Monday, April 08, 2002

Ballpark brightens Toledo's outlook




The Associated Press

        TOLEDO, Ohio — Customers clutching Toledo Mud Hens jerseys and pennants snaked past unopened boxes of merchandise at the team's souvenir shop inside their new downtown ballpark. Across the street, there was a wait for tables at the two-week-old Durty Bird restaurant. Opening day is still a day away, and the ballpark already is a hit.

        What's more impressive is how Fifth Third Field has changed Toledo's perception of itself. Lifelong residents who seem to take pride in their dour outlook of the city are now beaming.

        “I'll admit I'm one of the skeptics who said it wouldn't happen,” Karen Pugh said. “I'm not a big baseball fan, but I can't wait to come to a game.”

        Ms. Pugh got an early look at the ballpark Thursday morning and said she almost didn't recognize her hometown.

        “We're amazed,” she said. “I can't believe it's really here.”

        The $39 million ballpark is bringing life to a dormant downtown area filled with brick warehouses dating to the late 1800s.

        Five buildings in the right field corner are incorporated into the ballpark and will house a book store and offices. The team office and souvenir store occupy one building. Nearby, construction workers are busy finishing other storefronts.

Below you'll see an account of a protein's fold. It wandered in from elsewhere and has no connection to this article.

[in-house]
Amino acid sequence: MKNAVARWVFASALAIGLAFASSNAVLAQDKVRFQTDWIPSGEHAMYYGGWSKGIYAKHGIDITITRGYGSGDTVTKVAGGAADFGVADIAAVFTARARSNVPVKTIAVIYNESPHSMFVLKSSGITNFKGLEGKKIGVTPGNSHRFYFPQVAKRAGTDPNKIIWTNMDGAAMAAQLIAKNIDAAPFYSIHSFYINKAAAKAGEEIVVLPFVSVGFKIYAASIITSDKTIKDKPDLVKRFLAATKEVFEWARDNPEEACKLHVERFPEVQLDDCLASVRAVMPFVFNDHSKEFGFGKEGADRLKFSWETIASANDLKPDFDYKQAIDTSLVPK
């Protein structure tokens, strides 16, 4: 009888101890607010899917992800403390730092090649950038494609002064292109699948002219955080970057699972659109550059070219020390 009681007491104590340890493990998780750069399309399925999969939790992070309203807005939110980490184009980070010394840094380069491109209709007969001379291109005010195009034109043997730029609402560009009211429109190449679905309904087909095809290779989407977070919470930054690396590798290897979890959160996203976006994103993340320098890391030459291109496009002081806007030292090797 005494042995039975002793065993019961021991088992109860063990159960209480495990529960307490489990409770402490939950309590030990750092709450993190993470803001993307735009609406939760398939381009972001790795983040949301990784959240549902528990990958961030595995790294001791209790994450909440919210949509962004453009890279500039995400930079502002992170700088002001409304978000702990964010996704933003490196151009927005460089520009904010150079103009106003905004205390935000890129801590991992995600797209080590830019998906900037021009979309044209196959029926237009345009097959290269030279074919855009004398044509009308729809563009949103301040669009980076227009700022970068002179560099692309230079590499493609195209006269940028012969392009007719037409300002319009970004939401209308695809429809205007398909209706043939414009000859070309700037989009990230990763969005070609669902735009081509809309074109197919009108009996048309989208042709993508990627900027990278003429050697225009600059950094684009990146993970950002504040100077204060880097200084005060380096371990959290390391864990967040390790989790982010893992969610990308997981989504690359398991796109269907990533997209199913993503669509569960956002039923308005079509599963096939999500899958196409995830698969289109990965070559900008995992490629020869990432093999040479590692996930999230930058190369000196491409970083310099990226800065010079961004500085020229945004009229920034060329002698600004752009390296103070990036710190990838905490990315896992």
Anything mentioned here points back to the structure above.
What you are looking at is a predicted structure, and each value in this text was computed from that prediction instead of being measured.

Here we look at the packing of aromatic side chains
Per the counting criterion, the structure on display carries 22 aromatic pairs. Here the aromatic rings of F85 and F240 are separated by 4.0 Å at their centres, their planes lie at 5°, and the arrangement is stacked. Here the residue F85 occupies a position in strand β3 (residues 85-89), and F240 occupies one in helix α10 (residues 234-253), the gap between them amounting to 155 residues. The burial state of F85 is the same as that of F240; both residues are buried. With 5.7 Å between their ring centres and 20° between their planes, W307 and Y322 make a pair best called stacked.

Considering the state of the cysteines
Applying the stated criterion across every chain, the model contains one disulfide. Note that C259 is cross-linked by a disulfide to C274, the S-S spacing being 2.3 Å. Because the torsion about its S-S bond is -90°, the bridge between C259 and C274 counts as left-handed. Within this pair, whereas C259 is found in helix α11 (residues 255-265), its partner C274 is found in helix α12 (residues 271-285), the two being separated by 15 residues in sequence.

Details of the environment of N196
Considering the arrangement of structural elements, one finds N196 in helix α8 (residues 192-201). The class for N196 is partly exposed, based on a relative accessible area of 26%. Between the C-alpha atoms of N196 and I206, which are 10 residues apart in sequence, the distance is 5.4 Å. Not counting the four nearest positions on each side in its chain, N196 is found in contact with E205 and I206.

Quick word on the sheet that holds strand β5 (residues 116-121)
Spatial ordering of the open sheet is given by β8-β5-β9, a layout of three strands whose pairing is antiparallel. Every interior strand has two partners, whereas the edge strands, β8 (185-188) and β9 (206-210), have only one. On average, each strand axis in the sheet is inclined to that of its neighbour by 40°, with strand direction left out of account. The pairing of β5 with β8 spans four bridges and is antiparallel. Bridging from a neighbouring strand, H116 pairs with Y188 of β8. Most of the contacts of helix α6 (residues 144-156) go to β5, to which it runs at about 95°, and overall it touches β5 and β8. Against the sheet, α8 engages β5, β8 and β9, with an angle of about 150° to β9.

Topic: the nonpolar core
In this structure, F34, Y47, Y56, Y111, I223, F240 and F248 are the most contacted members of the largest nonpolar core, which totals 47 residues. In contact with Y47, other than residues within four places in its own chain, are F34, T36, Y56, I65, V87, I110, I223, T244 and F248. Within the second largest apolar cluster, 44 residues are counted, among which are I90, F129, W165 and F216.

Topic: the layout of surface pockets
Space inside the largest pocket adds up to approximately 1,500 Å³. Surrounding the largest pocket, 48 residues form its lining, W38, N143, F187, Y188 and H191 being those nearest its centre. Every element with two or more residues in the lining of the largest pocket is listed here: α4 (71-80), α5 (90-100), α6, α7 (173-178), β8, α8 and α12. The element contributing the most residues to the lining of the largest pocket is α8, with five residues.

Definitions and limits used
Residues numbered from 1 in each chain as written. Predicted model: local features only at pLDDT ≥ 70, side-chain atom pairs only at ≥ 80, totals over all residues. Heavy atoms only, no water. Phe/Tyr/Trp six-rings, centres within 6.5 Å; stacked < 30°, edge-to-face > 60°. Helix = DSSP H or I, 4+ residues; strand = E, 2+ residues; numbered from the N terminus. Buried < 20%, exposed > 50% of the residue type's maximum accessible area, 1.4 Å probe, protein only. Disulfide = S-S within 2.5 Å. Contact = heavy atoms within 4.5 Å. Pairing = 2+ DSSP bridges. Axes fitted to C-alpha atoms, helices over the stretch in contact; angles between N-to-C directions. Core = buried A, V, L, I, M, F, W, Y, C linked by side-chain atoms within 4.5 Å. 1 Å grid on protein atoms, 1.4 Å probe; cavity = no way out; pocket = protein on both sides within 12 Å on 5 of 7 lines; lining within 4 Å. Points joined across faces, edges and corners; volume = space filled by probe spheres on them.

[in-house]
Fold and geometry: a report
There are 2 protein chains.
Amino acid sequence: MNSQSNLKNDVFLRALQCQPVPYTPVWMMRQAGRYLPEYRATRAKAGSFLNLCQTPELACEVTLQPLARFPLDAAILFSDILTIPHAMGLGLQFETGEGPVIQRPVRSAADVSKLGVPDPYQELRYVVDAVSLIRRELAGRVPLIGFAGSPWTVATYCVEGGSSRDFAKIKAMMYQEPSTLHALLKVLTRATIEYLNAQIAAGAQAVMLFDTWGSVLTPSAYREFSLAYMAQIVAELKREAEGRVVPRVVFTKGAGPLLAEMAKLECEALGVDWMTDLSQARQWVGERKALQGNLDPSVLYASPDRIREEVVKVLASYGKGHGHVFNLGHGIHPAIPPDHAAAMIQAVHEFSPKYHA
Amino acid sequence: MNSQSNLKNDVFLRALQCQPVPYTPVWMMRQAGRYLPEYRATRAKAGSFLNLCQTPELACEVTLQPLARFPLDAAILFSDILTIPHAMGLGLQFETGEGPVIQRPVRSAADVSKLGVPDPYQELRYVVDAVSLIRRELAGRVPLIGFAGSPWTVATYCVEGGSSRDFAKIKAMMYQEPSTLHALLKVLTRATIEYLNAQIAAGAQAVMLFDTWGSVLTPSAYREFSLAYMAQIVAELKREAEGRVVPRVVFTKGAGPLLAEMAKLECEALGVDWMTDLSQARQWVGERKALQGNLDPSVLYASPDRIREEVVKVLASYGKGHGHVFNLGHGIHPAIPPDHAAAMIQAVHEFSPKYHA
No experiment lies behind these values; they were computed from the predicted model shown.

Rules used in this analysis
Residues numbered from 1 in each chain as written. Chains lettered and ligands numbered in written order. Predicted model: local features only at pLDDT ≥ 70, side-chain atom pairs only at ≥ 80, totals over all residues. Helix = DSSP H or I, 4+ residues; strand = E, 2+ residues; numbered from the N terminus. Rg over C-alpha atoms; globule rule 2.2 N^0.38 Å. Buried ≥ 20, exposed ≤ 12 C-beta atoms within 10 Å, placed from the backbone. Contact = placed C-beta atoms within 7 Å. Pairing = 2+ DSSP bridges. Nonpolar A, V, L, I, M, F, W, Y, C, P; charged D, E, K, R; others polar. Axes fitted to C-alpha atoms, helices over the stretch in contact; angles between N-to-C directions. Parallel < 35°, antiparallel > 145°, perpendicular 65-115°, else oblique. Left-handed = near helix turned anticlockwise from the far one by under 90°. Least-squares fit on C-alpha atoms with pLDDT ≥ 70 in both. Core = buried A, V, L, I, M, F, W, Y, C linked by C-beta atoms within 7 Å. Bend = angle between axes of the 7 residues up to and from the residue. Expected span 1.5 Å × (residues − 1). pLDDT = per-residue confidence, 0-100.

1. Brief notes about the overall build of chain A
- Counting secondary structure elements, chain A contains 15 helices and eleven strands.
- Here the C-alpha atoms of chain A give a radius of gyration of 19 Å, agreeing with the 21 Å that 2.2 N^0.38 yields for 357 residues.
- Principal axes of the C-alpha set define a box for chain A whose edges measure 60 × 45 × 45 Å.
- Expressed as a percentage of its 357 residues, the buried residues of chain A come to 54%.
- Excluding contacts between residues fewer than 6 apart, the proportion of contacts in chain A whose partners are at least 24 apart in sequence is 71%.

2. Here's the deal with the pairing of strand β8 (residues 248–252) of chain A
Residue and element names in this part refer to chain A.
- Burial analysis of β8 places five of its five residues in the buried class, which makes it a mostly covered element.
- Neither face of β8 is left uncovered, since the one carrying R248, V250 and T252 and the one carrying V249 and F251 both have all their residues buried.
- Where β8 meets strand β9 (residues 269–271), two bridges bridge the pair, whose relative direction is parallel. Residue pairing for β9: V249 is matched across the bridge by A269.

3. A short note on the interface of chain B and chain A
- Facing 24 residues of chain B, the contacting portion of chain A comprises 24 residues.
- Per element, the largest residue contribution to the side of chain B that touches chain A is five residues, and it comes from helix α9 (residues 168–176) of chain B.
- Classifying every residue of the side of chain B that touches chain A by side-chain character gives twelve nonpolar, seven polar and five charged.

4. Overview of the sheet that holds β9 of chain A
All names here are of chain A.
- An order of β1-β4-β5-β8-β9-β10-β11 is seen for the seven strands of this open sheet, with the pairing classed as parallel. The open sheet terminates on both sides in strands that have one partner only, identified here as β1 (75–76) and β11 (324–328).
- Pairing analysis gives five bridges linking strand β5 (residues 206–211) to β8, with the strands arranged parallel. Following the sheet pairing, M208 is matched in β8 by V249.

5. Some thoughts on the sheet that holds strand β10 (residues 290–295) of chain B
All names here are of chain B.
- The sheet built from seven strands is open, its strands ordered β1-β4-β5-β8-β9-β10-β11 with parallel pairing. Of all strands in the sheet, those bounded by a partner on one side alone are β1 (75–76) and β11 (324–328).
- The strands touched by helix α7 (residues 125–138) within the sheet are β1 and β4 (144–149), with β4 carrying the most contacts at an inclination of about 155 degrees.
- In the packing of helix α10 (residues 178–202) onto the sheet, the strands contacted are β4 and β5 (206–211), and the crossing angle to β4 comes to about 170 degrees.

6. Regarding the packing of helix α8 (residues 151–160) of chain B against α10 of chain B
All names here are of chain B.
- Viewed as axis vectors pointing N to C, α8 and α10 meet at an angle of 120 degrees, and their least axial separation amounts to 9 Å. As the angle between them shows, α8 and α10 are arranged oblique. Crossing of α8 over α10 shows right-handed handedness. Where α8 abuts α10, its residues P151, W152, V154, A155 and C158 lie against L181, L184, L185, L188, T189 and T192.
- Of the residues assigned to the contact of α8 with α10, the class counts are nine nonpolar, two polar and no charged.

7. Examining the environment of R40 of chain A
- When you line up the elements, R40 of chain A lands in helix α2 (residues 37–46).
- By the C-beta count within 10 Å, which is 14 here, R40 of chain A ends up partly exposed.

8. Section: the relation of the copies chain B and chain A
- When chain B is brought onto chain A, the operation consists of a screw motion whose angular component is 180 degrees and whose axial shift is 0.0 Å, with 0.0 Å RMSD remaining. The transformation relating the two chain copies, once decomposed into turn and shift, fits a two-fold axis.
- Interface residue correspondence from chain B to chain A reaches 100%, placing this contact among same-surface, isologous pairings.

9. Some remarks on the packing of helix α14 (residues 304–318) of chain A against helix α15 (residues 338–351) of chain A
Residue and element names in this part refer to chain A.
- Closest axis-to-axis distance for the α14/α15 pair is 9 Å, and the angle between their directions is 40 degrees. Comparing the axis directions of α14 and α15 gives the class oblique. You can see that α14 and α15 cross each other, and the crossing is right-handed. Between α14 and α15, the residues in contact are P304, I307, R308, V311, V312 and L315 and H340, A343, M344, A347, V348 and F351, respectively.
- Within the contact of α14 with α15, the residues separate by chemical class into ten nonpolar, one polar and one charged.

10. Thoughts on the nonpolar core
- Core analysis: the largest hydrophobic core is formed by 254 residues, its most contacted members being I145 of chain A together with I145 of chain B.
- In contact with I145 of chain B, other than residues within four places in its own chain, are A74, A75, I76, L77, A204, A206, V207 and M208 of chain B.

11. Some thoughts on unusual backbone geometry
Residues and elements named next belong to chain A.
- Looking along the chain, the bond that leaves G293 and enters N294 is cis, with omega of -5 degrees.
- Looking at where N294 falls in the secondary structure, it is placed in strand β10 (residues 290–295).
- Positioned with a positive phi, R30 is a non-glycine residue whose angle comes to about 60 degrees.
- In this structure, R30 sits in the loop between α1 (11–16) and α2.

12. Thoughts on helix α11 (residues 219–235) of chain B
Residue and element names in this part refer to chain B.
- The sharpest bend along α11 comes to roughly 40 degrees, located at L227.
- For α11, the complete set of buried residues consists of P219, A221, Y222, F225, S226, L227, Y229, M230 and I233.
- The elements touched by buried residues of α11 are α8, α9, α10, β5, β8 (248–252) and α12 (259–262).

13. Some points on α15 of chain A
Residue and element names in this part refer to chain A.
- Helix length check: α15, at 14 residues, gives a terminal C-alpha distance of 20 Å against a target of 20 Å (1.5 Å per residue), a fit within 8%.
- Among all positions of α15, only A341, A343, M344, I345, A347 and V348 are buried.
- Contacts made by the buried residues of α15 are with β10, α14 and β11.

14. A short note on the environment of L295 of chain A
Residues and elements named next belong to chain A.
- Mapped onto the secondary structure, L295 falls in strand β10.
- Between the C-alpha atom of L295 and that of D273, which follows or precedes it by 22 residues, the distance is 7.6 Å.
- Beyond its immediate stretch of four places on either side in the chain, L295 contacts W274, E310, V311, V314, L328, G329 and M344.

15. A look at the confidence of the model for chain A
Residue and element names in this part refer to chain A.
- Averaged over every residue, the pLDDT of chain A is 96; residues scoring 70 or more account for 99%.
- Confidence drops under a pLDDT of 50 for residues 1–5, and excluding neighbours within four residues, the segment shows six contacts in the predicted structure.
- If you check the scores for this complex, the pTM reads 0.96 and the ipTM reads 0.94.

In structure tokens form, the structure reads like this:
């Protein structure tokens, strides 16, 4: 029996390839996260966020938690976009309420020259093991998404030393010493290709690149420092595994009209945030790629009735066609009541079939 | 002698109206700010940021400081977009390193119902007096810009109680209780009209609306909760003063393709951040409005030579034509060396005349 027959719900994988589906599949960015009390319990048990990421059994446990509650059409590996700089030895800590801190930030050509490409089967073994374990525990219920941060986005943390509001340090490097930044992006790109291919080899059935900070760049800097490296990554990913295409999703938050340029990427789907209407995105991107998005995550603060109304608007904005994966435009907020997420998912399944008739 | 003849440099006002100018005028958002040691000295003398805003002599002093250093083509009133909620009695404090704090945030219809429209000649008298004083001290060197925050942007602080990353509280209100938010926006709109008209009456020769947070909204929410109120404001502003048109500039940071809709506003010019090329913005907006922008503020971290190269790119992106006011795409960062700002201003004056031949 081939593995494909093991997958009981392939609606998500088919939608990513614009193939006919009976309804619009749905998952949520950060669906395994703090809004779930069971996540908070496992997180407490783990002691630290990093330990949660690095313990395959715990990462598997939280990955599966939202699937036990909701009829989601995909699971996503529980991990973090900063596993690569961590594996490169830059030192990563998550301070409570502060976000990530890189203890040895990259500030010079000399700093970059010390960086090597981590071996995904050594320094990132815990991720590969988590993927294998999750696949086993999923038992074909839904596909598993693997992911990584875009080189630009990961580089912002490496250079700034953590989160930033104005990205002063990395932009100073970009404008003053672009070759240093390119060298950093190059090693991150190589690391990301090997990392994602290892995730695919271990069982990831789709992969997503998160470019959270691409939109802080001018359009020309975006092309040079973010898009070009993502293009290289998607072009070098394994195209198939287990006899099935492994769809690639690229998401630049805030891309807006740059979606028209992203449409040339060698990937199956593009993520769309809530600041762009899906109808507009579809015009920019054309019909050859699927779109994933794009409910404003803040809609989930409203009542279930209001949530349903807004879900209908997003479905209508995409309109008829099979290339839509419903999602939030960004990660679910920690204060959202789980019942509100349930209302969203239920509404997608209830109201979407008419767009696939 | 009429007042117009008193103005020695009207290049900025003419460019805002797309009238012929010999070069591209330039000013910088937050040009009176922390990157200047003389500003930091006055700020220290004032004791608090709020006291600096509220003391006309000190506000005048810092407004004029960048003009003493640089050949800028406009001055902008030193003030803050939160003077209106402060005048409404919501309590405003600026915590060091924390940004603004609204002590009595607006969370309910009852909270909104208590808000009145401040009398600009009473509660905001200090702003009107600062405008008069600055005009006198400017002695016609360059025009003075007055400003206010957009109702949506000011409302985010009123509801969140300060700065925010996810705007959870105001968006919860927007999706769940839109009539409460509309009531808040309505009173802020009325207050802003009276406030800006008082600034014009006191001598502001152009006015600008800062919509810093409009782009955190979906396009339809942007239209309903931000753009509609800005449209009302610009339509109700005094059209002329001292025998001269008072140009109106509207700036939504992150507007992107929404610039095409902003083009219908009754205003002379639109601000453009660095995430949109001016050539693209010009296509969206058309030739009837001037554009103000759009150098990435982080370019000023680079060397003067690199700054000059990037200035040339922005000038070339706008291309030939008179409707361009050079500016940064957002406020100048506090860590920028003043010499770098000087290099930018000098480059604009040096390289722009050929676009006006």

“From my office I can see a new condo development, a bar and tavern, and a deli,” said Mud Hens general manager Joe Napoli.

        Fifth Third Field blends well into the neighborhood. The field is below street level, allowing the outside of the brick ballpark to match the height of surrounding buildings.

        “It's what ballparks were long ago,” said Patrick Zohn of the Gateway Group, which oversaw the project. “They were a fabric of the city.”

        There's also a renewed interest in the Mud Hens, the top farm team of the Detroit Tigers.

        Season ticket sales have tripled. Group sales have doubled. Tickets for the opener were gone in a little more than two hours.

        And by Tuesday's opener, the team will have sold about the same number of tickets for this season as it did for all of last year.

        “All of this is occurring without the ballpark even being open,” Mr. Napoli said. “We can't wait until people can get in the park and look around.”

        There are about 8,900 seats.

        It's a quite a change from the old “Hen House.”

        The International League team played before at Ned Skeldon Stadium in suburban Maumee. It was a renovated horse track plagued by poor sight lines and a lack of bathrooms and concession stands.

        “We are hearing from people who never would have considered coming to a game before,” Mr. Napoli said.

       



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